X Close

Why is the Ministry of Justice destroying paper wills?

Will physical archives become a thing of the past? Credit: Getty

December 18, 2023 - 1:00pm

The Ministry of Justice has begun consultation on digitising its archive of historic wills dating back more than 150 years — and destroying the paper one. 

Currently, according to the MoJ, historic wills are kept in a physical archive at a cost of £4.5m a year. Requesting access is a laborious process that involves finding the paper copy and making a digital version, potentially taking weeks. Digitisation will, the department claims, make access to documents quicker and easier for historians, while saving the taxpayer money on an ever-growing paper archive, most of whose contents are never viewed again.

In turn, this offers an insight into the distinct ways we think about digital as opposed to paper archiving. In the physical world, one can’t just go on accumulating stuff forever: for historians, there is of course an interest in preserving everything, but with physical documents eventually space forces the issue. Digital archives, though, are theoretically limitless, which holds out the enticing prospect that we could actually keep everything and never need to think through where to draw the line. 

What was most striking about the MoJ’s social media video on digitising the archived wills, though, was the sense of self-deception at work. The archivist promised that once scanned, the documents will be “preserved forever”. But this seems, to put it mildly, optimistic. File formats change rapidly, and decay of digital archives is a well-recognised problem, that for example the Long Now Foundation wrote on recently.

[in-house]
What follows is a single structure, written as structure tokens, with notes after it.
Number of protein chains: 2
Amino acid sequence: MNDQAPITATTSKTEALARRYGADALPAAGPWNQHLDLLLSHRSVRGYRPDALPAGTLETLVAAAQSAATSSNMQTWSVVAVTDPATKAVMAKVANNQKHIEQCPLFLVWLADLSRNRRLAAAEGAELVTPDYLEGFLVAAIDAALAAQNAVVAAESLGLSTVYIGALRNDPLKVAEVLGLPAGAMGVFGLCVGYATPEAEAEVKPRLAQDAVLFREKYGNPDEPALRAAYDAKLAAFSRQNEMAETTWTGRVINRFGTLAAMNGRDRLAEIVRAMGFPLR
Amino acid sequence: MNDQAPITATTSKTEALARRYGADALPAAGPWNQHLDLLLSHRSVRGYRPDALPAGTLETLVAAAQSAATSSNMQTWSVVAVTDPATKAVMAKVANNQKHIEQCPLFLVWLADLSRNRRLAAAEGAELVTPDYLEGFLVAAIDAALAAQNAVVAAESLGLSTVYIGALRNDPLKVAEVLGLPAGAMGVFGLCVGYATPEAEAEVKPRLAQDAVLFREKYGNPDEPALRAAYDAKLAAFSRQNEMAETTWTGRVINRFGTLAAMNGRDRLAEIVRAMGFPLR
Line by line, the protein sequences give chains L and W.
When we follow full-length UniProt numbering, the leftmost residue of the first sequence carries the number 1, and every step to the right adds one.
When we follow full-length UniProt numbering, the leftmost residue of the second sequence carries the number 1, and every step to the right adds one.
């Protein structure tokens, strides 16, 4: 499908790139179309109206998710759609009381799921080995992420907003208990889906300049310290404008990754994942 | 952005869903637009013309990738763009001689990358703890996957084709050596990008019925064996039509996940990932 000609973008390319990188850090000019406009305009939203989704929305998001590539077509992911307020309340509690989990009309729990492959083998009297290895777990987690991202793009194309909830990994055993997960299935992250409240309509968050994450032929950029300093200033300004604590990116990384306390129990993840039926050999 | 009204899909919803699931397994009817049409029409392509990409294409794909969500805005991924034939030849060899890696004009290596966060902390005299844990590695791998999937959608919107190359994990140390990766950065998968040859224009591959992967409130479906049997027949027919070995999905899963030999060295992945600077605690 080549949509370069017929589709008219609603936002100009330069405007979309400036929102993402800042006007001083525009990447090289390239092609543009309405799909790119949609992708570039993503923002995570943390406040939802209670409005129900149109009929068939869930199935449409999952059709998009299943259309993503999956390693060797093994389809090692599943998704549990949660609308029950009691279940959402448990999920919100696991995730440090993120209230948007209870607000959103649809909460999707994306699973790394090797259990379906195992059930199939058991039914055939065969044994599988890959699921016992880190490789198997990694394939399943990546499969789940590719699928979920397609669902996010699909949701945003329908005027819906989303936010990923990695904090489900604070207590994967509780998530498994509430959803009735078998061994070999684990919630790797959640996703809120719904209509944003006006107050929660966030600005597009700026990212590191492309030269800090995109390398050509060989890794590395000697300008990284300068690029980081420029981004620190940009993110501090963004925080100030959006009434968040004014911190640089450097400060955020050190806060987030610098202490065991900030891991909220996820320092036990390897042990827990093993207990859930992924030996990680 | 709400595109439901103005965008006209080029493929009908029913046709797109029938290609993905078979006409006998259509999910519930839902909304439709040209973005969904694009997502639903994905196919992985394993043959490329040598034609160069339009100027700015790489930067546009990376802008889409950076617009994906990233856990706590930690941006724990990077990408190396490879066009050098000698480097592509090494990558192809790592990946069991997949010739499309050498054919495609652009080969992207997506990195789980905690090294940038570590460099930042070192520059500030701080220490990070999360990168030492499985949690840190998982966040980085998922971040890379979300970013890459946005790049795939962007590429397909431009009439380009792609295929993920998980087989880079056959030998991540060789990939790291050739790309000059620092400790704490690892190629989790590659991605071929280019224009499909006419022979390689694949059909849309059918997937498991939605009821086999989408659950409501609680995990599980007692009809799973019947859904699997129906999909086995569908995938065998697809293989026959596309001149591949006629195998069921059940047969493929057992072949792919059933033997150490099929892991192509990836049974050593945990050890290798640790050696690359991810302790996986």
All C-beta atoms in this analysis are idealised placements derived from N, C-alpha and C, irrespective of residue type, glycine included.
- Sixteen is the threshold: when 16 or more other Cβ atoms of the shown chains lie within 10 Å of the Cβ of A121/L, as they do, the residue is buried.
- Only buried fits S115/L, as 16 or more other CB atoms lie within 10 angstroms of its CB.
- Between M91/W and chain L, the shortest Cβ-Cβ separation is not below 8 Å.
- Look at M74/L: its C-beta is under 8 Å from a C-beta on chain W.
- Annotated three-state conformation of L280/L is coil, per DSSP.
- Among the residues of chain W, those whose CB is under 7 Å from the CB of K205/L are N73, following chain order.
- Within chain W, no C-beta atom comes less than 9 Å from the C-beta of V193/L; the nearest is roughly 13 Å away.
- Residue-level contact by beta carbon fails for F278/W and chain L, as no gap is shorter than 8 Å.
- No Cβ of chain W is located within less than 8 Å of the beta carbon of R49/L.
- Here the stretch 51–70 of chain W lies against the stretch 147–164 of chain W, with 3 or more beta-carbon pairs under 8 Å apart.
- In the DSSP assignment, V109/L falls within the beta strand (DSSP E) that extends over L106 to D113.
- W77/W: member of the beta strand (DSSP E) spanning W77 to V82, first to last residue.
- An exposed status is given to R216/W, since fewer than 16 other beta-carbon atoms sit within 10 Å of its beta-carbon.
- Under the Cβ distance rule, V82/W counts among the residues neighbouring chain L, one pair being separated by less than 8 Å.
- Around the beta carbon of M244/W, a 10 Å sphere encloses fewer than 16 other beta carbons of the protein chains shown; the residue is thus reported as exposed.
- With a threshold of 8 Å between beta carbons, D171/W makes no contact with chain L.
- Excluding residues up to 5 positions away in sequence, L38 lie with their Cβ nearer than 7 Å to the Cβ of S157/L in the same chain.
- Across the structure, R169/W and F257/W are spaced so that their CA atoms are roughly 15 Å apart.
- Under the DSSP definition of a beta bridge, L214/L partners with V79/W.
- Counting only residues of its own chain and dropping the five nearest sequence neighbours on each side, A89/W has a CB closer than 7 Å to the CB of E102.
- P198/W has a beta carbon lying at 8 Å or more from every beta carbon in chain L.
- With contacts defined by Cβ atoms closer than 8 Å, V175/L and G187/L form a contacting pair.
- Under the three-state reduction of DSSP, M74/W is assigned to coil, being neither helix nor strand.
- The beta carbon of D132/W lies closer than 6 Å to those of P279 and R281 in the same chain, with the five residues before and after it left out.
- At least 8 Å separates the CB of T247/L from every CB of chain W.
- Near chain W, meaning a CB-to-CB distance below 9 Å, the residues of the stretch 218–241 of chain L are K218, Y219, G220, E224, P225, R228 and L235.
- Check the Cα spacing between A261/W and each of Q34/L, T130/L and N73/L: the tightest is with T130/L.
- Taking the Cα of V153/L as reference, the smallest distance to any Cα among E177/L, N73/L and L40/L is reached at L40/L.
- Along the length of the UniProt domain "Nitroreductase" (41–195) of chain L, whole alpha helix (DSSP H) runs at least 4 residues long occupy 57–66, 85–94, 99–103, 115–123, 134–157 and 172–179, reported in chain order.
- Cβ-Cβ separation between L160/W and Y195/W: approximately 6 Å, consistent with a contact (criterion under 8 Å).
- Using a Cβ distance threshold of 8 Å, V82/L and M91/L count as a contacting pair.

Nor is technological change the only threat. Think of the British Library, whose digital services have been inaccessible since a hacking attack several weeks ago. Digital libraries are considerably more vulnerable than their paper equivalents to attack and destruction. Should something unthinkably apocalyptic happen to our current civilisation, a paper library would surely be more likely to remain usable in the long term than a hard drive. 

Digital collections are also more vulnerable to censorship and alteration: Amazon already forces politically correct updates to ebook texts, something obviously not possible with a printed book. It doesn’t take much thought to grasp the destabilising effect total digitisation would have — indeed, is already having — on our trust in the security of the written word. 

The proposal, then, is to digitise a whole archive and then destroy everything older than 25 years, with possible exceptions made for famous people’s wills. The promise is that the rest will be digitally “preserved forever”. Other types of court document have a shorter time limit on preservation: bankruptcy cases, for instance, are kept for 20 years and then destroyed. 

But if MoJ officials really wanted the archive to survive, they would keep it in a lower-tech form. In practice, the proposal seemingly amounts to shifting from a permanent to a time-limited archive in the case of wills, to save money, while consoling history-hoarders with the chimera of digital “preservation”. It would also avoid the unthinkably gargantuan task of reviewing the whole collection in order to judge whether or not individual items are worth preserving.

In effect, digitisation is a method of simulating archival practice, while also avoiding one of its central tasks: curation. We can argue about how much this matters, in the case of historic wills, but we should be cautious about extending this practice of indiscriminately replacing low-tech printed material with much more vulnerable digital archives. Digitisation looks, on the surface, like a way of expanding the scope of what we can “preserve”. Really, though, it may turn out to have been a means of expanding the scope of what we have given ourselves permission to forget.